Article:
Your husband's great grandmother is not Cherokee on her direct maternal line.  It could be that her father's mother has Native American ancestry.  To determine the origin of that mtDNA would require testing a cousin (male or female) who is a direct maternal line descendant of your husband's great grandmother's father's mother.

Sincerely, Peter

Peter J. Roberts
mtDNA Pin-Back Buttons
http://home.comcast.net/~libpjr1/dnapins.htm
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K
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« Reply #2 on: May 06, 2006, 12:20:07 PM »

Dear commentator

I happened to read this confusing results you had commented on. I have a suggestion that I sure hope it helps. I have done geneaology for about 6.5 years now. I have found discrepencies in the Federal Census. First let me tell you what I have found concerning my family. My great grand parents are from Turkey. Put they also have Jewish blood. We were told that they hide the Jewish side of their inheritance. When I did the Federal census. I found that my gr. grand father was from Kentucky, then from greece, & then Turkey. & His Father was from France & then Kentucky. As I use to be a private Investigator I have found that if we consider the Era in which they lived there was no way that The taker of the Federal Census new the truth of the information they were receiving was correct. The fears that the Jewish people lived under would explain the different accounts of why my Grandma gave diffent answers. The last census she gave because her husband was dead by then, had end up being the correct one, she no longer had much to fear. I got my grandfather Death Certificate and both  Great Grandparents were from Turkey we were told by mom Great grandpa was from Germany. but mom died of Alzhemeirs & had probably not been told the truth because of fear of that getting out, it was better in those days to be German if you were Jewish. and His middle name Adolph. Now that was not the case from This death certifcate and it has also answered the puzzle of the 2 photos of and middle eastern picture that looked like a married couple. Could only make the prefect sense they are my great grand parents from Turkey. Now confirmed from their sons death certificate listing the parents. My grand mother never became a citizen & died as an alien. I think her roots and fears were justifable. So if you can get death certificates then compare them to the other perponderances of other factors you might come up with a clearer senario. Hope this help & feel free to respond if you need more help!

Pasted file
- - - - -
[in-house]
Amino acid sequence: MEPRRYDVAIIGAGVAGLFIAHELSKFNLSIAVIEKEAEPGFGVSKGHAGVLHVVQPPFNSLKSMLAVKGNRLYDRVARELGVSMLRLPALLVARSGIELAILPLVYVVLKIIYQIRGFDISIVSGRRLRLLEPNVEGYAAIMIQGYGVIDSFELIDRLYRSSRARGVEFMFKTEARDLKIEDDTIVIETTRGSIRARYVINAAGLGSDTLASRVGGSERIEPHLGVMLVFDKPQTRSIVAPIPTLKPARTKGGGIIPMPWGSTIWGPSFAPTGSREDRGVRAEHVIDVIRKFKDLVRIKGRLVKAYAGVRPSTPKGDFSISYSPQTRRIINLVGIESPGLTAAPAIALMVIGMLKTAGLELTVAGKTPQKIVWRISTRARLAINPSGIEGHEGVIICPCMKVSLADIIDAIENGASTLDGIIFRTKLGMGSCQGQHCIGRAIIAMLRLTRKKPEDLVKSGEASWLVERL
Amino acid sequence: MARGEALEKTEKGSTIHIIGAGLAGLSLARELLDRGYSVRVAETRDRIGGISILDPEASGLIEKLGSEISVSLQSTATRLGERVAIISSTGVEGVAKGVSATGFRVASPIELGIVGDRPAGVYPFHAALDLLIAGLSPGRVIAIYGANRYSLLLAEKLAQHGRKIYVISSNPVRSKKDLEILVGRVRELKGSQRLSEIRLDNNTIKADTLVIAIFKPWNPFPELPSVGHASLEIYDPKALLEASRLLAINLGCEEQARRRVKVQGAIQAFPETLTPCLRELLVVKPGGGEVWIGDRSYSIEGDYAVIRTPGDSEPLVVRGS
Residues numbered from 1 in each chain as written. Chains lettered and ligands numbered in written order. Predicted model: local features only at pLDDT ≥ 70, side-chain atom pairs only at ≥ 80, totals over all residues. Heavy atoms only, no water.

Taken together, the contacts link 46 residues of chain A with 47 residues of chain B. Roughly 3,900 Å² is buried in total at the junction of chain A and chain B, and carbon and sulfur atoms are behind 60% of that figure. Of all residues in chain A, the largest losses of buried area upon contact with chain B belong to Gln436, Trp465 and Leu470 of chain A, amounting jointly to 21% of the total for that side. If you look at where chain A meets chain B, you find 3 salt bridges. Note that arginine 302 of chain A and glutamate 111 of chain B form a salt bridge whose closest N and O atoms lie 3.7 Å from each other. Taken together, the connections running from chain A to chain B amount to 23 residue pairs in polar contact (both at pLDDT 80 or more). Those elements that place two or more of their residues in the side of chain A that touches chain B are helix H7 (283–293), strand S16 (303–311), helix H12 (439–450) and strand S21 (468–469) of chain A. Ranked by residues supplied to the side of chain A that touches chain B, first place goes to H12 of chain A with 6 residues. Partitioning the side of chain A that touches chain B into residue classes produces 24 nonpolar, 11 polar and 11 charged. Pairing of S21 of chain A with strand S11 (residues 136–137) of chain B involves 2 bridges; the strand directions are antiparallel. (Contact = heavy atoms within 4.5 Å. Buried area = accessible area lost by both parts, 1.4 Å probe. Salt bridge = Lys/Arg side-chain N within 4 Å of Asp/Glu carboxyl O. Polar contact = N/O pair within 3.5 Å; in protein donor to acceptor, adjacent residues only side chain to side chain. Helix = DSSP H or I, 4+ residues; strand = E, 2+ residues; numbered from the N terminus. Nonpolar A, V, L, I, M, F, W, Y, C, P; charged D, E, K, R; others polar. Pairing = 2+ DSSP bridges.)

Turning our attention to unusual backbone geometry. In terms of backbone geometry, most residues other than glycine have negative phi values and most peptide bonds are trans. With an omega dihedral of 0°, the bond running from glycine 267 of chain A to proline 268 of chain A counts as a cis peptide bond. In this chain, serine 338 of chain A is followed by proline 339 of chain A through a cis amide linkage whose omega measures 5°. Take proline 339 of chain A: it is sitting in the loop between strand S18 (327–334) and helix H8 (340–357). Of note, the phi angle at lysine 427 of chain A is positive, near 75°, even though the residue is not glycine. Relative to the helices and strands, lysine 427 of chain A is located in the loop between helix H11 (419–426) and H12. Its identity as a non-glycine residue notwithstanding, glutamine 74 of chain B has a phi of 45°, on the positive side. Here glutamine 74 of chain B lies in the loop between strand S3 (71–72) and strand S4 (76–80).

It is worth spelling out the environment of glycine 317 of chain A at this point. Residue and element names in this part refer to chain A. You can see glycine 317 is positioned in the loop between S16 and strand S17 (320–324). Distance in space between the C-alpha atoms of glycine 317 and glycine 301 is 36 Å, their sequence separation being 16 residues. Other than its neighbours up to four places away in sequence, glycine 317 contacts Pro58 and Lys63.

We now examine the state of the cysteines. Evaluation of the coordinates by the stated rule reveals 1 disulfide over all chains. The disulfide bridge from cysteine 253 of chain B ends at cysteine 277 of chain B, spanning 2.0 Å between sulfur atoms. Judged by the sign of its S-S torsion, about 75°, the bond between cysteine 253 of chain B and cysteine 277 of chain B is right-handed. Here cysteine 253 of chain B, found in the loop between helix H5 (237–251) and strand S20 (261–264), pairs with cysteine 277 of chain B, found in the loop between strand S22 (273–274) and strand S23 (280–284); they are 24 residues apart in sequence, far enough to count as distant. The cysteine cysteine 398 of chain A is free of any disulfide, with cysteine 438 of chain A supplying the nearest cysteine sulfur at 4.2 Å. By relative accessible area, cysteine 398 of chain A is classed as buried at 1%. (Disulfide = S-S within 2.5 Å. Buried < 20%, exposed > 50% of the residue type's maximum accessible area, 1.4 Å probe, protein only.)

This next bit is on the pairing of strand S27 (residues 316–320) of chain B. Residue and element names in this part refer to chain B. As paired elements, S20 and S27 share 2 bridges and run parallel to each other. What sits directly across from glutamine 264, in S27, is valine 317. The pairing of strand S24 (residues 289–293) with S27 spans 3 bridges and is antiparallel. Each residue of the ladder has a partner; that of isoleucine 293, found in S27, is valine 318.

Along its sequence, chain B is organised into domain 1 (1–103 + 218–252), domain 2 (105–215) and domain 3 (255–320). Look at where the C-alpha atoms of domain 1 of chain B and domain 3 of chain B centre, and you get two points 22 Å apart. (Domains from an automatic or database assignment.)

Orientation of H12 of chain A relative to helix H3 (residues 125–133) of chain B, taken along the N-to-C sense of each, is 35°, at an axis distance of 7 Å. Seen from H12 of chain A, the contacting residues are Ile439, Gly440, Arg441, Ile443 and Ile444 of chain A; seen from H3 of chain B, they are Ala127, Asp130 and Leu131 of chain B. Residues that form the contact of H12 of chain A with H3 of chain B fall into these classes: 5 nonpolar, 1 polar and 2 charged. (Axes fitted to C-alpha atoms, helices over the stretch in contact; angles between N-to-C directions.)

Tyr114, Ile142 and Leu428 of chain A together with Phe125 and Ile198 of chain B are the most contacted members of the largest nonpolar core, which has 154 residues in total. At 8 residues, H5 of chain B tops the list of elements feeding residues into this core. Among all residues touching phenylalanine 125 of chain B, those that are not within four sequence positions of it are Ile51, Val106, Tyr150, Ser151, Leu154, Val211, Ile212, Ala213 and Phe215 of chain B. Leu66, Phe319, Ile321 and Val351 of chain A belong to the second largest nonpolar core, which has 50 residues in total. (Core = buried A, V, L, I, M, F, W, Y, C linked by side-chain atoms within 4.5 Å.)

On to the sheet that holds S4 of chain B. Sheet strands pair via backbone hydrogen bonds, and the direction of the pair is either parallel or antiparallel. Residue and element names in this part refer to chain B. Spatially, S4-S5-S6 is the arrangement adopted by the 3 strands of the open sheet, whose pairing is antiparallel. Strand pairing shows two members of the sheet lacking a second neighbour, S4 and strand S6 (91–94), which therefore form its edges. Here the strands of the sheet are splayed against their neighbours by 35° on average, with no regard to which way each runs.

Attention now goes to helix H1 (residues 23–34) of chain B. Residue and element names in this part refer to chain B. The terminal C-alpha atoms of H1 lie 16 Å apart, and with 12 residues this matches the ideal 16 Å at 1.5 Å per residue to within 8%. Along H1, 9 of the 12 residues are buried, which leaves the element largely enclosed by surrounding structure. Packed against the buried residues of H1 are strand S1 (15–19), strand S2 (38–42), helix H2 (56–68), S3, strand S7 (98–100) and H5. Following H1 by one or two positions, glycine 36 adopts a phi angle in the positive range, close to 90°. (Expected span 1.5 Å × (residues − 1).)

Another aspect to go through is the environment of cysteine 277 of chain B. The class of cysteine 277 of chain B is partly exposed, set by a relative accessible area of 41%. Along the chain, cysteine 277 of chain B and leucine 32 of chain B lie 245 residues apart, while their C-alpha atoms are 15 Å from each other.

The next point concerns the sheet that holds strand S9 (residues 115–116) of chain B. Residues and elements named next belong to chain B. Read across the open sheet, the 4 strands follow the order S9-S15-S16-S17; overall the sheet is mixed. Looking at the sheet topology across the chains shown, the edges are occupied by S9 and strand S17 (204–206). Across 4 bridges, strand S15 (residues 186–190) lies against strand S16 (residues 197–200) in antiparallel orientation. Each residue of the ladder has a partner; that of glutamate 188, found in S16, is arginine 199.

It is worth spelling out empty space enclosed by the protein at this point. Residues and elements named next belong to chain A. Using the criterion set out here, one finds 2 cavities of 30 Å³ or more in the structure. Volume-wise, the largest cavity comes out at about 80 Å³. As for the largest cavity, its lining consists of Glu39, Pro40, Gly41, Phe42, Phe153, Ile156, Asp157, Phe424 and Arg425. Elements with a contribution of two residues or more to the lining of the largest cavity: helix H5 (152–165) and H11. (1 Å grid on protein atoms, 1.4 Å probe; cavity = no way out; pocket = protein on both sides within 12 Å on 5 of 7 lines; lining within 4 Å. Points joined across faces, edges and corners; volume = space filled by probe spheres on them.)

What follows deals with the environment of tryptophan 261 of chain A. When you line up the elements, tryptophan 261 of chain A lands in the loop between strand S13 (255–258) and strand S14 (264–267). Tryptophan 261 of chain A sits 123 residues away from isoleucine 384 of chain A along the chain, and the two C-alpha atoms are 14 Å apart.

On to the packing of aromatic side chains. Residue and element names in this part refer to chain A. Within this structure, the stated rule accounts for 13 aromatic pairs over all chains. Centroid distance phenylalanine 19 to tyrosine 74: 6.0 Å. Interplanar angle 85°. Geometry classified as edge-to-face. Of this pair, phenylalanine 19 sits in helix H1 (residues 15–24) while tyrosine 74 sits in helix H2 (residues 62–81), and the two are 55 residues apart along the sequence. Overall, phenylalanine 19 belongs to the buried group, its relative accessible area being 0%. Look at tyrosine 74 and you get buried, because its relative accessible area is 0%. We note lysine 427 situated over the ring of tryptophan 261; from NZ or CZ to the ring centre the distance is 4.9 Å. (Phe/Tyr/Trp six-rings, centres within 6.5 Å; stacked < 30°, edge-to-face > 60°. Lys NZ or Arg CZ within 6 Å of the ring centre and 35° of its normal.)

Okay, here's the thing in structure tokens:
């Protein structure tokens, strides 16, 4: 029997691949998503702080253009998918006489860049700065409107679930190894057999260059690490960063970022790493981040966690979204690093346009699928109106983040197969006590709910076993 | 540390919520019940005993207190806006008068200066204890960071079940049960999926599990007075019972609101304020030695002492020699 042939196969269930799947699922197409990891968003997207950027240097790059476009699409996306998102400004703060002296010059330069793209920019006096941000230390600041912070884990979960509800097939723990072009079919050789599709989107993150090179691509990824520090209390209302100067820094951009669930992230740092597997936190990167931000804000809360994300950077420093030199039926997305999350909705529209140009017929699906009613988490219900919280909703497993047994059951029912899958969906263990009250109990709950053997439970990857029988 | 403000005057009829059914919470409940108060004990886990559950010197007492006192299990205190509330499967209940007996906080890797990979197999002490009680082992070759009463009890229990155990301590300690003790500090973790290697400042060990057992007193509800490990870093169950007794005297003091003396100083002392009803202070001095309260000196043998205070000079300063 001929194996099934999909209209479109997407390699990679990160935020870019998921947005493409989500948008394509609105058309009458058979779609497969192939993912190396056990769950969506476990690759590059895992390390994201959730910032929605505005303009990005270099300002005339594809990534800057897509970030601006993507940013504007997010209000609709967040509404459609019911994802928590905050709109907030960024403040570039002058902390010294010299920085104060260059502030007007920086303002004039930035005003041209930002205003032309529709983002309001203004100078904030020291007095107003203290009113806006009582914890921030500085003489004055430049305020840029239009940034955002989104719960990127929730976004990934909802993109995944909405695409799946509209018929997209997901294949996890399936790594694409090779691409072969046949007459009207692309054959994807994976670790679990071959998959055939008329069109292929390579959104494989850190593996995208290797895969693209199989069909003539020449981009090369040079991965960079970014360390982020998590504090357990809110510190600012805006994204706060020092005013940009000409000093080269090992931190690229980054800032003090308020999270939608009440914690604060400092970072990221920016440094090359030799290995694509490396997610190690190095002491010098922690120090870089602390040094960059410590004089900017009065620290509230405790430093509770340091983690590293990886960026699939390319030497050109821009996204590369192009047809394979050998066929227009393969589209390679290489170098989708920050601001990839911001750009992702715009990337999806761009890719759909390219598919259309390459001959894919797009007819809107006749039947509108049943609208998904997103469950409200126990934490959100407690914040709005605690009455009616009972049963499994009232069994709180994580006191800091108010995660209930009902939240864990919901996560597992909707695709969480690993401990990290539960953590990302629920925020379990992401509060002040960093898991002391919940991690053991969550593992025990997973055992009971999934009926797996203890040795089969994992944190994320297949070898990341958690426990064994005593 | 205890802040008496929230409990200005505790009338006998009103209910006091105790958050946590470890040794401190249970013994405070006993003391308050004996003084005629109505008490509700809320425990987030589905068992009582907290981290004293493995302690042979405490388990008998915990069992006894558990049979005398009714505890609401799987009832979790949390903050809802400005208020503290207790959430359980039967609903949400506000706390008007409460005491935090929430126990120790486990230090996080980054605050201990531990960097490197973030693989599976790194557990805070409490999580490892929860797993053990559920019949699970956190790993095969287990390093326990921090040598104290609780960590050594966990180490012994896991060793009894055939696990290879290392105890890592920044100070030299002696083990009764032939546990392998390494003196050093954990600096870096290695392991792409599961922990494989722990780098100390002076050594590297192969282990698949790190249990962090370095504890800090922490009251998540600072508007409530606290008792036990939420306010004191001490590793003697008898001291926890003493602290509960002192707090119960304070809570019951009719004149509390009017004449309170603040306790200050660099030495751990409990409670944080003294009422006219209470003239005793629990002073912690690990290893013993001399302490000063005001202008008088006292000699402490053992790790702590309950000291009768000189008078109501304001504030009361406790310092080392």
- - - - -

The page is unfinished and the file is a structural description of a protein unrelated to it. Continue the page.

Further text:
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Beetle
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« Reply #3 on: May 17, 2006, 02:53:58 PM »

One's mtDNA comes only from one's Mother. Therefore, your husband's mother's mother's mother would have had to be the part Native American. And then that part would have to have been passed to her from HER Mother. I'd say that somewhere in his maternal line is a woman of European ancestry.